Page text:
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I am almost always disappointed in the quality of ply from the big box stores. Even their multi layered maple veneer ply is been pretty poor. The worst is red oak ply I've gotten from HD. It was filled with narrow strips of banboo and splintered like mad. Don't know if that's what they're selling here, but I'm suspicious. I agree that MDF makes a flat top, but I'd definitely cover it with Masonite, finished on two sides. If I put a layer of ply underneath, I'd put an edge of handwood around it high enough to hold the mdf and the masonite. That sandwich would allow putting in some dog holes, although I don't often use the ones on my bench.

If I use 1x3 for trusses, I always run them through the jointer to make sure they're flat at least on one side. The tables I've trussed this way stay flat. I also like Masonite that has been waxed and machine polished.
 

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I bought a solid core door a few years ago at our local HabitatRestore for less than $10. It made for a great table top. I covered it with white Formica. I built a lot of projects on that work bench/table/outfeed table.
I agree.

The best, and cheapest, workbench that I ever had was made from a commercial solid core door bought from the salvage store. That thing almost killed me getting it home because of it's size (10' tall) and weight (about 185 lbs) and 2 1/4" thick, but once I made it into a workbench top it was bullet proof. I left it in my last house basement shop when I moved to NC and have never had a shop since then that was big enough for such a bench, so I have yet to make a replacement for it. It had what looked like a rosewood veneer on both sides, so I used a piece of tempered 1/4" MDF on the top, held on with carpet tape and did the same to attach it to the 4 X 4" stand that I built for it, thinking that I might want the veneer in good condition for something else some day, but it was still a workbench when I moved away and the carpet tape held it and the MDF in place perfectly. The door was new, never installed, and in perfect condition when I bought it and I think I paid $20 for it.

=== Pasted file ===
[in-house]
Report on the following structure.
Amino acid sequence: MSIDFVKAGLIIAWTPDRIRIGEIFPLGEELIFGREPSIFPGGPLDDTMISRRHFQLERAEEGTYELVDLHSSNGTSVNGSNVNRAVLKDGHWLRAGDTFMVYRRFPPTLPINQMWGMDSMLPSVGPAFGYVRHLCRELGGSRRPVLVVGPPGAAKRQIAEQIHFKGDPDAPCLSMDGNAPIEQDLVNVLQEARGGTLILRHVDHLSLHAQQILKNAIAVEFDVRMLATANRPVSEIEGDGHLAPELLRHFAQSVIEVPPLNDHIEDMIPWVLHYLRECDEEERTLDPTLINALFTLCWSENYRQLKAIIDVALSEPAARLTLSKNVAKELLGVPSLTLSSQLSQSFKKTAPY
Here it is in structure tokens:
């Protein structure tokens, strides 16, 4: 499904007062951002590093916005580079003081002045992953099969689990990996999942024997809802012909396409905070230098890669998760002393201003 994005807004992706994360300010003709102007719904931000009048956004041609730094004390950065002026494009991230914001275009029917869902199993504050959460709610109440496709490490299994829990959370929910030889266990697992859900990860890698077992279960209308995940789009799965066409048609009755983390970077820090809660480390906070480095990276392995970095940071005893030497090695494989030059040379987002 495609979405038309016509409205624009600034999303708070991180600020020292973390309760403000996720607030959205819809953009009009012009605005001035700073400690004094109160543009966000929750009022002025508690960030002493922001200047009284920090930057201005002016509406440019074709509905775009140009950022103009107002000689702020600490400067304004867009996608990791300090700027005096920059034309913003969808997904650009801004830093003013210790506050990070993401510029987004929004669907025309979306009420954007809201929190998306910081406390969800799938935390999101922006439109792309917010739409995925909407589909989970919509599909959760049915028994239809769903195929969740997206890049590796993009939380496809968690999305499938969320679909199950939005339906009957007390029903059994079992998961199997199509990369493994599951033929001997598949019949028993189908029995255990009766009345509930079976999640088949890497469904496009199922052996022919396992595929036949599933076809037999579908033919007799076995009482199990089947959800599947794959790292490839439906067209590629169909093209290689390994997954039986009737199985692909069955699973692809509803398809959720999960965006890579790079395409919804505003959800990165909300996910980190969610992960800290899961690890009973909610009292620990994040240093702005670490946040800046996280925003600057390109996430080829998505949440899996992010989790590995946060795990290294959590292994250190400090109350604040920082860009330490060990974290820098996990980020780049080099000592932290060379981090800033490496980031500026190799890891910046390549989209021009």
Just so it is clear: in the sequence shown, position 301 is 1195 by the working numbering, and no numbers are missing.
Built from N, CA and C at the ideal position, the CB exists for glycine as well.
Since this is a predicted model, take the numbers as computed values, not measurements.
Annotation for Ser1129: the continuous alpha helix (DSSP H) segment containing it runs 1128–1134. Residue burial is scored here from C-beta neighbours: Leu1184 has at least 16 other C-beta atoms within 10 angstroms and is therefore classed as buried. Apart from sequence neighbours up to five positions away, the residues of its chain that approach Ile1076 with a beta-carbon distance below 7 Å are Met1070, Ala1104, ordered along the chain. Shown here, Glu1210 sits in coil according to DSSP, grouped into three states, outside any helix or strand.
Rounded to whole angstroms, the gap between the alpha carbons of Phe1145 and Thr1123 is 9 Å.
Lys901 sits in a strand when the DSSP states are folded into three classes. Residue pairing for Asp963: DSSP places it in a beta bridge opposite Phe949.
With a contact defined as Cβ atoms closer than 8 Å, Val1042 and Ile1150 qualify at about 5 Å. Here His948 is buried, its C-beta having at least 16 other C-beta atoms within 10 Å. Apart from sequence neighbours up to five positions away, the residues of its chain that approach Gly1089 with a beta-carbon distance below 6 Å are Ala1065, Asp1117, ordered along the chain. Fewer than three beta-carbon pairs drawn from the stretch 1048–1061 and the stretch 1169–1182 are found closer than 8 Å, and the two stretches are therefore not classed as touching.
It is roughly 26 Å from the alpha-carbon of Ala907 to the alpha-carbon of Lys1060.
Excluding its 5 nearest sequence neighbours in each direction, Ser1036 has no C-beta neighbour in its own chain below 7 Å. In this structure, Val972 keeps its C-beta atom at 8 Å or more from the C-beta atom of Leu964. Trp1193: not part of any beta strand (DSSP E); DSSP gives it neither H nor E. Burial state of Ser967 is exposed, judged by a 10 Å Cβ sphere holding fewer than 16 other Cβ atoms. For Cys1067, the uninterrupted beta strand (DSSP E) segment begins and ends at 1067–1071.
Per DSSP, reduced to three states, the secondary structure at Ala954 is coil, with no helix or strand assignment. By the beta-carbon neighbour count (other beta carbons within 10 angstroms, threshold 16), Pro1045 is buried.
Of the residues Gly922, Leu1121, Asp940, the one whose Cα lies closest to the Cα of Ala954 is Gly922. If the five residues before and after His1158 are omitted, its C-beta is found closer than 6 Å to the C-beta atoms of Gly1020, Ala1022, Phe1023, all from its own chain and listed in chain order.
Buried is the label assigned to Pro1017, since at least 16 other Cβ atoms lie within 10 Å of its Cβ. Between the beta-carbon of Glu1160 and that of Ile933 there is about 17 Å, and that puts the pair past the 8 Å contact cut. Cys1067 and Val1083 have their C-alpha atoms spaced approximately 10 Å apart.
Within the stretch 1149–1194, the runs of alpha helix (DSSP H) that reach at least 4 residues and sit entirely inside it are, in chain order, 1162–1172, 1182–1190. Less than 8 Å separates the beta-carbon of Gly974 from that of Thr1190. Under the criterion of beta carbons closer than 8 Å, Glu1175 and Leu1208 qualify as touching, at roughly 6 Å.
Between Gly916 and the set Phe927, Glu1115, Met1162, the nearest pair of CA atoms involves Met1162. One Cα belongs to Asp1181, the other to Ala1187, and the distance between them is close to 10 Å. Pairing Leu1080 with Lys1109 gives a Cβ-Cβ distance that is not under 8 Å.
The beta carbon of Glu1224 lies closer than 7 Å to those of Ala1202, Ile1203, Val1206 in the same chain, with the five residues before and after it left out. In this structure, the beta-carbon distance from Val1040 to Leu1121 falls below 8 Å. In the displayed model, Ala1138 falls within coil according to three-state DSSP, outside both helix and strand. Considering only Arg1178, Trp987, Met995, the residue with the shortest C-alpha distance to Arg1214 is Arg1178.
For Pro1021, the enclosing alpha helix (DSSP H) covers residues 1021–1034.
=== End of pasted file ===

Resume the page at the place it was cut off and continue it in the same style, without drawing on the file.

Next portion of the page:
Charley
 

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I agree.

The best, and cheapest, workbench that I ever had was made from a commercial solid core door bought from the salvage store. That thing almost killed me getting it home because of it's size (10' tall) and weight (about 185 lbs) and 2 1/4" thick, but once I made it into a workbench top it was bullet proof. I left it in my last house basement shop when I moved to NC and have never had a shop since then that was big enough for such a bench, so I have yet to make a replacement for it. It had what looked like a rosewood veneer on both sides, so I used a piece of tempered 1/4" MDF on the top, held on with carpet tape and did the same to attach it to the 4 X 4" stand that I built for it, thinking that I might want the veneer in good condition for something else some day, but it was still a workbench when I moved away and the carpet tape held it and the MDF in place perfectly. The door was new, never installed, and in perfect condition when I bought it and I think I paid $20 for it.

Charley
My first work bench was the same. I think you meant 2 3/4" thick, Charley. that is the standard for the 10' high they are 20 min rated fire doors.
We used to demo those by the 100's in commercial Hi-rise construction. Here Habitat for Humanity has a construction recycle store where they sell them for cheap. The door blanks were over $300. new unmilled for hardware 20 years ago, can't imagine what they run now.
Anyway, I used 1/4" tempered Masonite for the top and a 2" wide oak edge band raised up 1/4" above the door so that the Masonite flushed out with the edge.
That way the Masonite can be changed out and a new top can replace it.

Herb